Alice H. Parker was a Black inventor in the early 20th-century, best known for patenting a central heating system that uses natural gas. Her invention played a key role in the development of the heating systems we have in our homes today.
Little is known about Parker’s life or upbringing, most likely because women, especially women of color at the time, were not documented sufficiently. She was born in 1895 in Morristown, New Jersey, and later attended classes at Howard University in Washington, D.C. To receive a higher education as a Black woman at the time was an achievement in itself.
Parker’s idea for a heating system came from being cold during New Jersey winters when fireplaces did not effectively heat an entire home. Most homeowners a hundred years ago were stocking up on wood or coal to heat their homes. Parker’s design was unique in that it used natural gas, which saved time from chopping wood, and increased safety measures without a fire burning all night. Granted on December 23, 1919, Parker’s patent was not the first for a gas furnace design, but it uniquely involved a multiple yet individually controlled burner system. Although her exact design was never implemented due to concerns with the regulation of heat flow, her system was an important precursor to the modern heating zone system and thermostats as well.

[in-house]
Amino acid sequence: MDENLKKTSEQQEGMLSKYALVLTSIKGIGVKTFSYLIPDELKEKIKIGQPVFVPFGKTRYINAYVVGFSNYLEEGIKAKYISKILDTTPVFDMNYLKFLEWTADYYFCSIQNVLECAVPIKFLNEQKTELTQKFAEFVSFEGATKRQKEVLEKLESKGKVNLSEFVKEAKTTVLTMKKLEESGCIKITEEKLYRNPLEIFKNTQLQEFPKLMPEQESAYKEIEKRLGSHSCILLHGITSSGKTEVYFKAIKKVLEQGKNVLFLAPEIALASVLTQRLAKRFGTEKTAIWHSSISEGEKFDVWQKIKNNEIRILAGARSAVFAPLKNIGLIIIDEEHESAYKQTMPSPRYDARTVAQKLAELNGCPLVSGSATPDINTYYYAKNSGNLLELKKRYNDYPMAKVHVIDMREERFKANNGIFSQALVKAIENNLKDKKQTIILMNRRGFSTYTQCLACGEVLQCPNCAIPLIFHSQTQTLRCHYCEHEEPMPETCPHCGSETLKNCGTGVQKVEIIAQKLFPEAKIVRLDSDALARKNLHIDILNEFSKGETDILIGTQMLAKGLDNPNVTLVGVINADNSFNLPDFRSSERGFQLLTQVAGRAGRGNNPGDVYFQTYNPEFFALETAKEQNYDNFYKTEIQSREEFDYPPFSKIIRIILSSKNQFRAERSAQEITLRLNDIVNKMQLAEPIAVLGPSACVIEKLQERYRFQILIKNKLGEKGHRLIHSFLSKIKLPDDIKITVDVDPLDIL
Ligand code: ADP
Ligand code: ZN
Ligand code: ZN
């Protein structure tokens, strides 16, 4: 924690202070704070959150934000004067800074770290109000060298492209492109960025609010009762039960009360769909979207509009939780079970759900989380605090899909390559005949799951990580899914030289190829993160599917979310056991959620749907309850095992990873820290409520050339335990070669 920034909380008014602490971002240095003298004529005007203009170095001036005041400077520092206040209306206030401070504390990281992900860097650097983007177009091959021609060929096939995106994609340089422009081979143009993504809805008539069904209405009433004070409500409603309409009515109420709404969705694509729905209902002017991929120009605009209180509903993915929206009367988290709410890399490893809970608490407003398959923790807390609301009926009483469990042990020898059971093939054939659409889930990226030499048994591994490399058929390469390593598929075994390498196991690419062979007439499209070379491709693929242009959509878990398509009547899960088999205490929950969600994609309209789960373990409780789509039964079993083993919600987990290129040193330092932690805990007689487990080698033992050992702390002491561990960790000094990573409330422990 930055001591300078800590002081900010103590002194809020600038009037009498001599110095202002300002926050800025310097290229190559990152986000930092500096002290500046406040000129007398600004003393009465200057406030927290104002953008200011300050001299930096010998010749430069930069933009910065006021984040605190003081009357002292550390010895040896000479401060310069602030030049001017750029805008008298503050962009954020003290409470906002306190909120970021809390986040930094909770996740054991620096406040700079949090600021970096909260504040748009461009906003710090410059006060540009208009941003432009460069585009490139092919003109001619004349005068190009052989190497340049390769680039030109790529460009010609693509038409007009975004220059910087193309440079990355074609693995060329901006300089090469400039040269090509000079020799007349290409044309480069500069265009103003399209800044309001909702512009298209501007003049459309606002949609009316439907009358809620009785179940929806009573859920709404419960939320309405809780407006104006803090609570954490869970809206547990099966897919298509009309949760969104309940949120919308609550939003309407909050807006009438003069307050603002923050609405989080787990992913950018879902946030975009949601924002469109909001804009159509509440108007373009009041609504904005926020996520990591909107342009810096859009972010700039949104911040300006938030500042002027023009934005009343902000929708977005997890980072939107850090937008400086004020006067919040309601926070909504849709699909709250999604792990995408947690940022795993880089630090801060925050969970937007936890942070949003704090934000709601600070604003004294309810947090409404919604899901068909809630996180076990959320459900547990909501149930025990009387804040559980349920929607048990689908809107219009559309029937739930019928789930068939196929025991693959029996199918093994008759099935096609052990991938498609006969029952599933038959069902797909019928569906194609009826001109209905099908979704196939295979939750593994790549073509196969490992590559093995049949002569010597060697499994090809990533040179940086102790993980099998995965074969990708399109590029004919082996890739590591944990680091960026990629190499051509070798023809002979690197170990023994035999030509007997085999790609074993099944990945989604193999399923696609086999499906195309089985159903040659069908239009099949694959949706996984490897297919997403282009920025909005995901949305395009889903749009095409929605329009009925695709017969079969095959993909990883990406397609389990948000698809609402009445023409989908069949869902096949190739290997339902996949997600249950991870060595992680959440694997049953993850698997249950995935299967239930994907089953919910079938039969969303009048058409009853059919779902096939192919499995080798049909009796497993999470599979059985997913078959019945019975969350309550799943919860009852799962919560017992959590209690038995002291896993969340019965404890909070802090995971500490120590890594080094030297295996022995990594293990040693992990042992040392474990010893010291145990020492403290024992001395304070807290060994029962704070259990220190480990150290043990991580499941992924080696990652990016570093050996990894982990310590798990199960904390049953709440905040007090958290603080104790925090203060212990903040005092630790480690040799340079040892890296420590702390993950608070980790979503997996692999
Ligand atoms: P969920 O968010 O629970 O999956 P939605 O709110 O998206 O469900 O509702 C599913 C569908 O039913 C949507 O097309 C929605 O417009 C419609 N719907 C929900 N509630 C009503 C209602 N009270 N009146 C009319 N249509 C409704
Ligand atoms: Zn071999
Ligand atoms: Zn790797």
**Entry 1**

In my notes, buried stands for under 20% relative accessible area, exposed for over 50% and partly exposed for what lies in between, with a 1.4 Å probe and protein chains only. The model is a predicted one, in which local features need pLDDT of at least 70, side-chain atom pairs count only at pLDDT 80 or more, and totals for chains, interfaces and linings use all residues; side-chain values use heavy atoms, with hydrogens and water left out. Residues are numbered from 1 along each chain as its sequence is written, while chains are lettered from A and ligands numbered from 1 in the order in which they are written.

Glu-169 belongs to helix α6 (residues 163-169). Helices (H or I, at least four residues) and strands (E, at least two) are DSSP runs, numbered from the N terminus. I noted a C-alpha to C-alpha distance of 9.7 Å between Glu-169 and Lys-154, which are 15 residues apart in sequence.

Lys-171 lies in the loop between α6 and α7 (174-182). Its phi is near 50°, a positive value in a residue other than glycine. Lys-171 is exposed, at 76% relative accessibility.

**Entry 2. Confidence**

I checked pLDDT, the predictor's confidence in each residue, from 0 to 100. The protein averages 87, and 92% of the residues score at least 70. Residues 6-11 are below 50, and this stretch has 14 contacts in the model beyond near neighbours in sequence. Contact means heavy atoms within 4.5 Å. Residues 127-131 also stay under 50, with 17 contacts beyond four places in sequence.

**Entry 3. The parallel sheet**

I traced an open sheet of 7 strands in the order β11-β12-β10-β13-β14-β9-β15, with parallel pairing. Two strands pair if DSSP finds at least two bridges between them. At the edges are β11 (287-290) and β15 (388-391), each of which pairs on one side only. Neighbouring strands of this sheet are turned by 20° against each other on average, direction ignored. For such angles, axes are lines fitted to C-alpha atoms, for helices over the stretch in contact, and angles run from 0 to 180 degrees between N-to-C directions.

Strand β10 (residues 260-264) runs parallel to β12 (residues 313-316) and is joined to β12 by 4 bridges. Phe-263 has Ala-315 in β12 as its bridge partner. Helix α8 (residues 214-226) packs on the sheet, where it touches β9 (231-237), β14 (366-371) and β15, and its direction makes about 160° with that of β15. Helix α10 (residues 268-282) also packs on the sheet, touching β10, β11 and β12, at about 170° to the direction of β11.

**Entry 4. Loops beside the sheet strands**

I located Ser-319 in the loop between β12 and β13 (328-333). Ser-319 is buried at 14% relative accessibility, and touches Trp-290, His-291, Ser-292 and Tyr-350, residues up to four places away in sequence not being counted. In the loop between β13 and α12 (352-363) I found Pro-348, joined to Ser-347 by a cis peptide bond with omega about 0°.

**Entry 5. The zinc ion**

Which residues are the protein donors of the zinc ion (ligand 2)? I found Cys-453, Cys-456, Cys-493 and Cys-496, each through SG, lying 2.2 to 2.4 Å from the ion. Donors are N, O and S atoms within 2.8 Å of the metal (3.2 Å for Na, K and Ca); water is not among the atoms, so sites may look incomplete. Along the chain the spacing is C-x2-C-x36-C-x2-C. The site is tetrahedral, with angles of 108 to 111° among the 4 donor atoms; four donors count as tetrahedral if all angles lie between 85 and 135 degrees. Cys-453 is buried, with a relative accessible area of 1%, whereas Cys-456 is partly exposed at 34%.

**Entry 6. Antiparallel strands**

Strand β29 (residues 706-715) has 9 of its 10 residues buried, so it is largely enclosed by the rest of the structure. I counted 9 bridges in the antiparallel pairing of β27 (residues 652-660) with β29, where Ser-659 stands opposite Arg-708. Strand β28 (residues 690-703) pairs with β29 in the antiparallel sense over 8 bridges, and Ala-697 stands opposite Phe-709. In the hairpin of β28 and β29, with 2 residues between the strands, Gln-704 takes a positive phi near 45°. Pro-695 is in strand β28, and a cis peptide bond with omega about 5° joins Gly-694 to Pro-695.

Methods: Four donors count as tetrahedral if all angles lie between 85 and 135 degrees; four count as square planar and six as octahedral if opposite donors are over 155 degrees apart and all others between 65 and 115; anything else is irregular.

Parker’s legacy endures with the annual Alice H. Parker Women Leaders in Innovation Awards via the New Jersey Chamber of Commerce. The award recognizes the contributions of women to innovation in New Jersey, Parker’s home state.